Stephanie Morrill is known for her work with young, aspiring writers. She’s a mentor to some, a guide for others. She’s also written six full-length novels and one novella. The Reinvention of Skylar Hoyt series provided a nice depiction of a real teen struggling with living a real faith. Most impressively (to me, anyway), Morrill’s two Ellie Sweet offerings (The Revised Life of
Ellie Sweet; The Unlikely Debut of Ellie Sweet) are a beautiful portrayal of a teenager who is at once confident and uncertain.
Ellie Sweet struggles with friendships, romantic interests, and the real life that happens when you’re going through high school.
Morrill’s latest offering, The Lost Girl of Astor Street, is her first jump into historical fiction. Being a fan of historical fiction (especially the early 20th Century time period), I was excited to read it. But how does it stack up with her earlier works?
The Lost Girl of Astor Street offers an interesting glimpse into the 1920s Chicago scene as we meet Piper Sail. An 18-year-old-student, Piper turns into an amateur sleuth when her best friend, Lydia, suddenly disappears. Seeking the truth, but fearing the worst, the story speaks of Piper’s willingness to investigate despite the dangers, and her willingness to face the dark secrets that loom around her privileged Gilded-Age life as daughter of a high-profile lawyer.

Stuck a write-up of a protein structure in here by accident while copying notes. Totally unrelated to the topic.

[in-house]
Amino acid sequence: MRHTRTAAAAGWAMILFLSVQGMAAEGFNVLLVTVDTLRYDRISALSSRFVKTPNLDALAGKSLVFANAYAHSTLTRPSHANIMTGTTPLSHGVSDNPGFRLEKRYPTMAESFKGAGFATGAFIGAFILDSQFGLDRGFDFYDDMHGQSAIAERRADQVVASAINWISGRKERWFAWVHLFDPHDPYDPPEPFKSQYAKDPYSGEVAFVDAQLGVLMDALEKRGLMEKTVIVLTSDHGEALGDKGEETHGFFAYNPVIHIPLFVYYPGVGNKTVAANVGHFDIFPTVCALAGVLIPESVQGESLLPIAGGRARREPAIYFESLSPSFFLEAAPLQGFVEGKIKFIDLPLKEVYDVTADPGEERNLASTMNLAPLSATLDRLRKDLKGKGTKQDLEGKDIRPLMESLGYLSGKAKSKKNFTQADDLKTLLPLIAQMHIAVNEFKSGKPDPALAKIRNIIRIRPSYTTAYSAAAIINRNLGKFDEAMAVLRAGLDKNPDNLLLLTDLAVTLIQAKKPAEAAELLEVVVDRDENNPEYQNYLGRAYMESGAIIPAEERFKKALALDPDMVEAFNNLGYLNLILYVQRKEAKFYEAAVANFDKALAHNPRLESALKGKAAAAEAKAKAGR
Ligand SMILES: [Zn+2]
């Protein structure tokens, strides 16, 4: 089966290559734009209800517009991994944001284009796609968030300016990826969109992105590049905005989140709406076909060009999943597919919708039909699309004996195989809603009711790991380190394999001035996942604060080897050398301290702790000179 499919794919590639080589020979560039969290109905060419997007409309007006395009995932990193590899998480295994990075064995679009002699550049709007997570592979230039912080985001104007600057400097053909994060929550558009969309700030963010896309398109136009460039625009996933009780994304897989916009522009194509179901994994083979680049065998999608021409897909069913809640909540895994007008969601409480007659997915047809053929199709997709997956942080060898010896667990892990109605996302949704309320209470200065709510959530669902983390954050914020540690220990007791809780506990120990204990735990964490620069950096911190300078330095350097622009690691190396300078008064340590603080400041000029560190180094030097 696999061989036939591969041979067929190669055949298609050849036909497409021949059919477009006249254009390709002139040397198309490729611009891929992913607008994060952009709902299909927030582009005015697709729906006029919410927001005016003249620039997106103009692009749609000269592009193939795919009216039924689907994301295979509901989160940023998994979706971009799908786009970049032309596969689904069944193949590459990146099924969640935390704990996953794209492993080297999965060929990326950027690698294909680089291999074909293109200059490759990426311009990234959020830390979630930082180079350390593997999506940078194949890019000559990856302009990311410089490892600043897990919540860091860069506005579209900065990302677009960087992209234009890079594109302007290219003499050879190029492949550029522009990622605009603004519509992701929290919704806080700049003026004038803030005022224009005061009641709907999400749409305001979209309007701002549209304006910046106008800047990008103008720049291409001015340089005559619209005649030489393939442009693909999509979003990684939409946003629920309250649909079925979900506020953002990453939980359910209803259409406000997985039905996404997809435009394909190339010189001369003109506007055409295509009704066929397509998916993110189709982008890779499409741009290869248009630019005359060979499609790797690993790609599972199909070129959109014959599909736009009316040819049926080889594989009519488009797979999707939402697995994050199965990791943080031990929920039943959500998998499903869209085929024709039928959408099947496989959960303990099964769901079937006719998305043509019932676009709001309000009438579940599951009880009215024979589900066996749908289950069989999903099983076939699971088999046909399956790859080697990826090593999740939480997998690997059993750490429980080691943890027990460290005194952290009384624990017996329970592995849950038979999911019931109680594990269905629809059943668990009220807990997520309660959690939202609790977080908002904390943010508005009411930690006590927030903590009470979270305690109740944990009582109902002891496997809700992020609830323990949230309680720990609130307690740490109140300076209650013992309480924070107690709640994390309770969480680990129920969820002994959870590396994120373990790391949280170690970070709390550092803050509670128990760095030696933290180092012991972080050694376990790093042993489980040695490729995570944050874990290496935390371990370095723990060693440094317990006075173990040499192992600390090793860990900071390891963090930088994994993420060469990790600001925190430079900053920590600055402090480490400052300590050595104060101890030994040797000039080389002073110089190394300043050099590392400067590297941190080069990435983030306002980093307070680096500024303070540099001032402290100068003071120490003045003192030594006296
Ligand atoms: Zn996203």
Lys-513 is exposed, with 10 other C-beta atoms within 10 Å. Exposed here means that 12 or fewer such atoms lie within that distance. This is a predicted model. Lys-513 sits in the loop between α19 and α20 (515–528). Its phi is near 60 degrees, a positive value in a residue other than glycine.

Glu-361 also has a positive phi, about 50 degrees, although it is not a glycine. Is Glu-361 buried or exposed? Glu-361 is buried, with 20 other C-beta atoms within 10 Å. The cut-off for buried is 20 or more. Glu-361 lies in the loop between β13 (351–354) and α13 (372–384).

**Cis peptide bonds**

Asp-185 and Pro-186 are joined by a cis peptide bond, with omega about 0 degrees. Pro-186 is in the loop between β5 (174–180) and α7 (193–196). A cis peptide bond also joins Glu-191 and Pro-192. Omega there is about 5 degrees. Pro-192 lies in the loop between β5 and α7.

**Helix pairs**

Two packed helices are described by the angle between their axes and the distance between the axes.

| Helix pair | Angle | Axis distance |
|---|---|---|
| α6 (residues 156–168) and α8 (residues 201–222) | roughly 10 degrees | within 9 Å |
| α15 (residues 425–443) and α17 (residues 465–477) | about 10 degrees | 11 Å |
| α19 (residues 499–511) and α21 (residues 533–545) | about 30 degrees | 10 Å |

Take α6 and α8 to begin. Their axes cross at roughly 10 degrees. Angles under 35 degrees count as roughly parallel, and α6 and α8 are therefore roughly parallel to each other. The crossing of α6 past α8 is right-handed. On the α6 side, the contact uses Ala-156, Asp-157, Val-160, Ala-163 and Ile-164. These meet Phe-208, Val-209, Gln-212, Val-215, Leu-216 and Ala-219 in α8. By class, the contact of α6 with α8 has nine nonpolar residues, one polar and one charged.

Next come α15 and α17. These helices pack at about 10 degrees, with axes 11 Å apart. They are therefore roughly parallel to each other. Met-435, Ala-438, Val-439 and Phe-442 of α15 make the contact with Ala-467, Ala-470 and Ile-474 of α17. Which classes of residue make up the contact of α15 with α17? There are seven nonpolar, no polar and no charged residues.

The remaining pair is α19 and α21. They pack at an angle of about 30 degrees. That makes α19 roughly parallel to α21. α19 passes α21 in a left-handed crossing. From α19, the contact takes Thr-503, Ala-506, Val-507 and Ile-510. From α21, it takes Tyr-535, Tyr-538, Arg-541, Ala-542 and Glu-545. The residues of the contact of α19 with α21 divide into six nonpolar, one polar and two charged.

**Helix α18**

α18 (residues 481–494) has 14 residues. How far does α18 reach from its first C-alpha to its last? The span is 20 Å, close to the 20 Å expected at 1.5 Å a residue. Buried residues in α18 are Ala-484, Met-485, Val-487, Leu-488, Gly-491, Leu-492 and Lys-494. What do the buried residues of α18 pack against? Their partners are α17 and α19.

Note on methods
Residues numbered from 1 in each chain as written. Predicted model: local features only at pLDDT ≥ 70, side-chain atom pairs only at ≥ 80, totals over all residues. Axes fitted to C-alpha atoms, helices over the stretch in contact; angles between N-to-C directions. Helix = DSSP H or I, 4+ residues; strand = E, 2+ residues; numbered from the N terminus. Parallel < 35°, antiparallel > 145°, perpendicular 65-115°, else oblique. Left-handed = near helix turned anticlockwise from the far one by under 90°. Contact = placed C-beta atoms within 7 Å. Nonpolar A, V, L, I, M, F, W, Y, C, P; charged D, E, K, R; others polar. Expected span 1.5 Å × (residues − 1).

While the story held promise, The Lost Girl of Astor Street seems to lack Morrill’s usual attention to her character’s internal conflicts. This one was significantly focused outside of the main character (a necessity since the story centered on her best friend’s kidnapping) but as such, it didn’t resonate with me as much as her previous novels. While the story on the whole was mildly entertaining, Piper Sail seemed pretty undeveloped to me. It’s a decent light read within the YA genre, and offers a few good themes – but the character development throughout the novel didn’t seem consistent. Combine this with a mystery that wasn’t particularly involved and included only the threat of danger, and I wasn’t significantly gripped by the story.
That said, I still recommend Morrill as an author. There was nothing truly disappointing about this novel, I just felt it lacked some of the vivid characterization found in her other novels. But for an entertaining mystery and some good relationships between characters, it’s a solid choice.